These days I’m generally loath to be a knee-jerk bandwagon hopper. I say that because, after reading with disgust about the murder of 12 people in yesterday’s attack on the Paris-based satirical paper Charlie Hebdo, I admit that it set off alarm bells, a distress signal warning of an incipient new wave of Islamophobia of the kind that polluted the cultural waters in the wake of the last cartoon controversy.
And one can read all sorts of motives and reasonings into the situation at large. At the top of my mind, there’s the privilege of self-professed non-conformists in poking fun at any and everything around them, in possible/probable ignorance of the very tangible effects of a society that’s marginalised those of minority ethnicity, both figuratively (cutting them out of the public discourse) and literally (encouraging ghettoisation in the banlieues). On closer view the Charlie Hebdo team probably mean well, and publish in good faith, but everyone has their blind spots.
That leaves a gap through which the racists and the Ukippers and the ‘Christian’ right creep their way into a discourse where they don’t belong. Hardly a day passed before Marine le Pen of the seriously dodgy Front National exploited the tragedy to take a potshot at Muslims, citing ‘extremism’ but not going out of her way to draw any sort of distinction in her blinkered supporters’ minds between terrorists with machine guns and the average Muslim family who might live across the road.
It’s with the latter in mind that I find so distasteful these efforts to share the Charlie Hebdo cartoons en masse as some kind of statement of protest or liberal defiance. As much as I get the impetus, it’s also lazy — because social media — and ultimately mindless rhetoric, missing the point of what any good-faith satirical publication is trying to do by ripping it from its context to stand for something it was never intended to represent. Barely 24 hours after the atrocity and Charlie Hebdo is fast becoming a byword for flipping the bird to Islamist extremists by mocking their faith’s ban on drawings of their prophet. Ha ha silly Muslims getting knickers in a twist over a drawing ha ha. But why should the average Muslims who live across the road have it shoved in their faces?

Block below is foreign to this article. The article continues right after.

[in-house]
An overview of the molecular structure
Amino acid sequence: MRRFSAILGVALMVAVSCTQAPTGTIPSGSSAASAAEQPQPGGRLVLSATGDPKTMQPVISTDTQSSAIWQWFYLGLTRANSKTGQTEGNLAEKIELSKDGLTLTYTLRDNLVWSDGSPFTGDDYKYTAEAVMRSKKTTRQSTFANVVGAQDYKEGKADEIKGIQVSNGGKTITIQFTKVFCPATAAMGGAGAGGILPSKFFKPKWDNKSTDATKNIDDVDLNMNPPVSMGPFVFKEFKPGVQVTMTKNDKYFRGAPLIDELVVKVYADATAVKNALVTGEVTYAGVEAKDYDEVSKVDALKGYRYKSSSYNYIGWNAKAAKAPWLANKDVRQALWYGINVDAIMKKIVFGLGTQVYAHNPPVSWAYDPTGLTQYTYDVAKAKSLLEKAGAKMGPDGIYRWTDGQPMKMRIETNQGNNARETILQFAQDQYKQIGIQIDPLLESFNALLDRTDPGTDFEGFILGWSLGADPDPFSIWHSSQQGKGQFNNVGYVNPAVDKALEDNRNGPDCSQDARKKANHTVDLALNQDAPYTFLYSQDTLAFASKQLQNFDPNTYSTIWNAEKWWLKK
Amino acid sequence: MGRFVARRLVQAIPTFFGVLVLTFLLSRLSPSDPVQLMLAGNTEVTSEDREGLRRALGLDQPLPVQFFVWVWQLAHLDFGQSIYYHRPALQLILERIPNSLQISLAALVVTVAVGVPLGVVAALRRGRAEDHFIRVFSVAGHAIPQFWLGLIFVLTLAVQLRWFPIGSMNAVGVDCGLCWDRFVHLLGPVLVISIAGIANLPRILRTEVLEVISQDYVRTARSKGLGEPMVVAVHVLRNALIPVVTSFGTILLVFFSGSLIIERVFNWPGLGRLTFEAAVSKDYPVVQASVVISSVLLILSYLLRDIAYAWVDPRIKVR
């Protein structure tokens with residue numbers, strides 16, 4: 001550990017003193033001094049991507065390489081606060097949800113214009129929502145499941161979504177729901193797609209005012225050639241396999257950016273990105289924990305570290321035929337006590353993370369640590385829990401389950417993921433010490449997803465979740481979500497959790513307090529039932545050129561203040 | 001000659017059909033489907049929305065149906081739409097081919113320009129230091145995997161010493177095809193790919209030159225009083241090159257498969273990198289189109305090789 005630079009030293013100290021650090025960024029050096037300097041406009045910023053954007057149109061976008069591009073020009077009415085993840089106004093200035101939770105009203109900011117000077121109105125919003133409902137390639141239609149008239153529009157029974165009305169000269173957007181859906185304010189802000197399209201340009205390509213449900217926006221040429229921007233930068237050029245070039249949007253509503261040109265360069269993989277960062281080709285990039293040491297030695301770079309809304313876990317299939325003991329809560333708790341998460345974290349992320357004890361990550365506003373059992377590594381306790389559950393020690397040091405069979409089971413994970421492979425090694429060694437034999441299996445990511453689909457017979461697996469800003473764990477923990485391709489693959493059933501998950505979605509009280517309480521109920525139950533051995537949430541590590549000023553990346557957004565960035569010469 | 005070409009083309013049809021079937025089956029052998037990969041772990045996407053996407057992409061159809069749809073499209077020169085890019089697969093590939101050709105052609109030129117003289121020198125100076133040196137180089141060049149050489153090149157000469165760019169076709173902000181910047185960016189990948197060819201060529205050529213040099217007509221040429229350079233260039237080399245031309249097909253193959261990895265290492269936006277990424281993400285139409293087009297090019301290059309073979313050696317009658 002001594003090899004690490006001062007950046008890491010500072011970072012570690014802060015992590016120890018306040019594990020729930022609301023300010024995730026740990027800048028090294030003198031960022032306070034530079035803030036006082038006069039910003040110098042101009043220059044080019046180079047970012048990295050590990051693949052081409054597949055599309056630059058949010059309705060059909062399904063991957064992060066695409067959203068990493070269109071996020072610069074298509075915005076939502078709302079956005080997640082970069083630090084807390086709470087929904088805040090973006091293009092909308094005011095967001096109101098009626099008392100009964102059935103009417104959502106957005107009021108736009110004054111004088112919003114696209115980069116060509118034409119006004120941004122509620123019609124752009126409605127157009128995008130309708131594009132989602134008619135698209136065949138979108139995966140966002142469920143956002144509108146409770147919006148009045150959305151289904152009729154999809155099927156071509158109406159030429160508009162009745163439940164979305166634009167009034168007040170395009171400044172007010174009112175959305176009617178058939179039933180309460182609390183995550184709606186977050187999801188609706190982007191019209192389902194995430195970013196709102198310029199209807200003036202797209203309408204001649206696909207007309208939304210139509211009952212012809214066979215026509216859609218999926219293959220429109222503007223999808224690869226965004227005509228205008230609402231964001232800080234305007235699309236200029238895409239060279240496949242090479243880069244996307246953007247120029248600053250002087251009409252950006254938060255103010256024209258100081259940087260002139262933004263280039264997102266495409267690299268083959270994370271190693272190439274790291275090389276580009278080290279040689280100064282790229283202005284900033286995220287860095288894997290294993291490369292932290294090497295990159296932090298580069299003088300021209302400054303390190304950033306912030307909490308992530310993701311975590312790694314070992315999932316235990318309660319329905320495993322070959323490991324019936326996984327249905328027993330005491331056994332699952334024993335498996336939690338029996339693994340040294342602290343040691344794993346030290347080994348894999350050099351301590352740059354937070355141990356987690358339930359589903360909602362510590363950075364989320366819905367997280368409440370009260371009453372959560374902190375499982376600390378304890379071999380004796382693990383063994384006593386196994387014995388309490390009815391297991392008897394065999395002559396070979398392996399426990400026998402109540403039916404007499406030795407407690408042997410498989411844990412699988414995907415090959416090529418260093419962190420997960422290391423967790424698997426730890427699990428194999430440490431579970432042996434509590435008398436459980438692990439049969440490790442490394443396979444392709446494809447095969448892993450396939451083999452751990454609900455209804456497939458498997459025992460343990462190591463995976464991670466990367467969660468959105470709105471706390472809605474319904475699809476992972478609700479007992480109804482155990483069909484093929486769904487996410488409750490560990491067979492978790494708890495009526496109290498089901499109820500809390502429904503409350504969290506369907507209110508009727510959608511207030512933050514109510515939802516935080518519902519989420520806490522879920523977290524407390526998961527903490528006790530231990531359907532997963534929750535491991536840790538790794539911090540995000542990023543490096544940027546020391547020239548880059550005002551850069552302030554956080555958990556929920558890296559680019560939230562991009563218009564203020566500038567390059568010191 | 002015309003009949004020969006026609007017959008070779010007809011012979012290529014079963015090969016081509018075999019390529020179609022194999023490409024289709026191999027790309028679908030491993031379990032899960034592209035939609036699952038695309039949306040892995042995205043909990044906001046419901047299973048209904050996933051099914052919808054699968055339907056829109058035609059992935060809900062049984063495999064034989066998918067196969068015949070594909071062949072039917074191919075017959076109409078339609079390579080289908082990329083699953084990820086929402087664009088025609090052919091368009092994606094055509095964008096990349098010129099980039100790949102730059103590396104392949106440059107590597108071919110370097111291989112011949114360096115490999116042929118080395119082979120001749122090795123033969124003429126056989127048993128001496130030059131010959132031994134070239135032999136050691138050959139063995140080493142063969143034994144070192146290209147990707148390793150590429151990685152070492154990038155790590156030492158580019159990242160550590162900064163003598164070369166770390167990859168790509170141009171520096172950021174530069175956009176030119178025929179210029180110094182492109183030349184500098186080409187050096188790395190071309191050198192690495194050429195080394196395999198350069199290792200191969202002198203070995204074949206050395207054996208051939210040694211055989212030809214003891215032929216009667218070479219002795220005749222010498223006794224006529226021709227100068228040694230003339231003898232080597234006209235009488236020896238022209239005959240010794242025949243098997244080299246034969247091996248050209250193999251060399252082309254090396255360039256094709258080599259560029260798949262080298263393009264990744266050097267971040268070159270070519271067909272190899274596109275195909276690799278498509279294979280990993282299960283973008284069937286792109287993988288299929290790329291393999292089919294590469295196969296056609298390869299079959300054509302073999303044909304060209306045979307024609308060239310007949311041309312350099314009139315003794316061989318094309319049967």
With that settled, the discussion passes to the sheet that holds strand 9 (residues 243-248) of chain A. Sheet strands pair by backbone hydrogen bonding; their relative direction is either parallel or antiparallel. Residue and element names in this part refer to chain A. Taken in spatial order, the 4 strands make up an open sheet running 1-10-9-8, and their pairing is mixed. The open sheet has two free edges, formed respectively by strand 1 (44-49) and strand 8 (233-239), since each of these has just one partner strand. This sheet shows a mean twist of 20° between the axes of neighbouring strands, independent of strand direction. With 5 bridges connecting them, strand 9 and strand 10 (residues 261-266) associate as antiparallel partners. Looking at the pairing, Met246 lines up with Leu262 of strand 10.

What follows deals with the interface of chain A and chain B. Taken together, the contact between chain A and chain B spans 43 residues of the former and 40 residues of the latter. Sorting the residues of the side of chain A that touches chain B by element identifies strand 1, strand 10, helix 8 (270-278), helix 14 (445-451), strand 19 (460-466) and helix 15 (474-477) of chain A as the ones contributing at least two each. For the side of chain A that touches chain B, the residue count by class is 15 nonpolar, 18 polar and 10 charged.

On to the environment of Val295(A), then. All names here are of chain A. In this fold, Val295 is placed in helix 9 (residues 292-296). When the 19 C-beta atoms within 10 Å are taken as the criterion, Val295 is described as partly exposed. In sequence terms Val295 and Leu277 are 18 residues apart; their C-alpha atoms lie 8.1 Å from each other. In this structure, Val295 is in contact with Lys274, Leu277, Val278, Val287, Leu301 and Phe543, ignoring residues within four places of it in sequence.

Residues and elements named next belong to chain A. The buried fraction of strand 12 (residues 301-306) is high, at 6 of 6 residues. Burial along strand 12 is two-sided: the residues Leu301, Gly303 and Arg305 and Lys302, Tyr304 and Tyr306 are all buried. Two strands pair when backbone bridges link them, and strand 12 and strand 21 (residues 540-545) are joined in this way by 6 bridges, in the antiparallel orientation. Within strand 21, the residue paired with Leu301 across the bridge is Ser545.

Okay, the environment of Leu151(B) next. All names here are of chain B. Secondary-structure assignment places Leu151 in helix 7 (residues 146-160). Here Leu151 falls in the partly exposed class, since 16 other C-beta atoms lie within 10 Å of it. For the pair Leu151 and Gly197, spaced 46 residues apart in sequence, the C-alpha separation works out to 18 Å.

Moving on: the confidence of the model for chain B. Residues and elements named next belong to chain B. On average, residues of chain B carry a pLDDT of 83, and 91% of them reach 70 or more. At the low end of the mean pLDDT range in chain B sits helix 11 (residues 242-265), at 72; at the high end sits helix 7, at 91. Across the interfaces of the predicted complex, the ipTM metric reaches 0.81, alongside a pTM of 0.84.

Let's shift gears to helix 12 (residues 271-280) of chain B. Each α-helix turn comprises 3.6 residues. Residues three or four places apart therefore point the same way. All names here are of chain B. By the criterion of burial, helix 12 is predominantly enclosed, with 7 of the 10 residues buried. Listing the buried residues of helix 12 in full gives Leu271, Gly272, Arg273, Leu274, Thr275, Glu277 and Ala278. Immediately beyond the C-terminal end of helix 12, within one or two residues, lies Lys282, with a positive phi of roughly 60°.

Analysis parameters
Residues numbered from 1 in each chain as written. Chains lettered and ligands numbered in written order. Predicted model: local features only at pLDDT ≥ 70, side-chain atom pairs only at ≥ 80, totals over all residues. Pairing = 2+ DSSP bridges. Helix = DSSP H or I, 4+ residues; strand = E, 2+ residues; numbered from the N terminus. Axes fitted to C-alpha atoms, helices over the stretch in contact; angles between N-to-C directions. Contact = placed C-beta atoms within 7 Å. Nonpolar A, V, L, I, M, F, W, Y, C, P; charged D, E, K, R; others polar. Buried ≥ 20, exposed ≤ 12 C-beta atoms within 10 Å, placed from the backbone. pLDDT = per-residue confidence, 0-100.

By all means one must show support for any cause one genuinely believe in. That’s why I’ve written this blog post, because freedom of the press means nothing if we allow the gun to quiet the pen. But let’s be reasonable about it, people. As much as nobody has the right to not be offended, nobody has the right to make others’ lives a misery, either.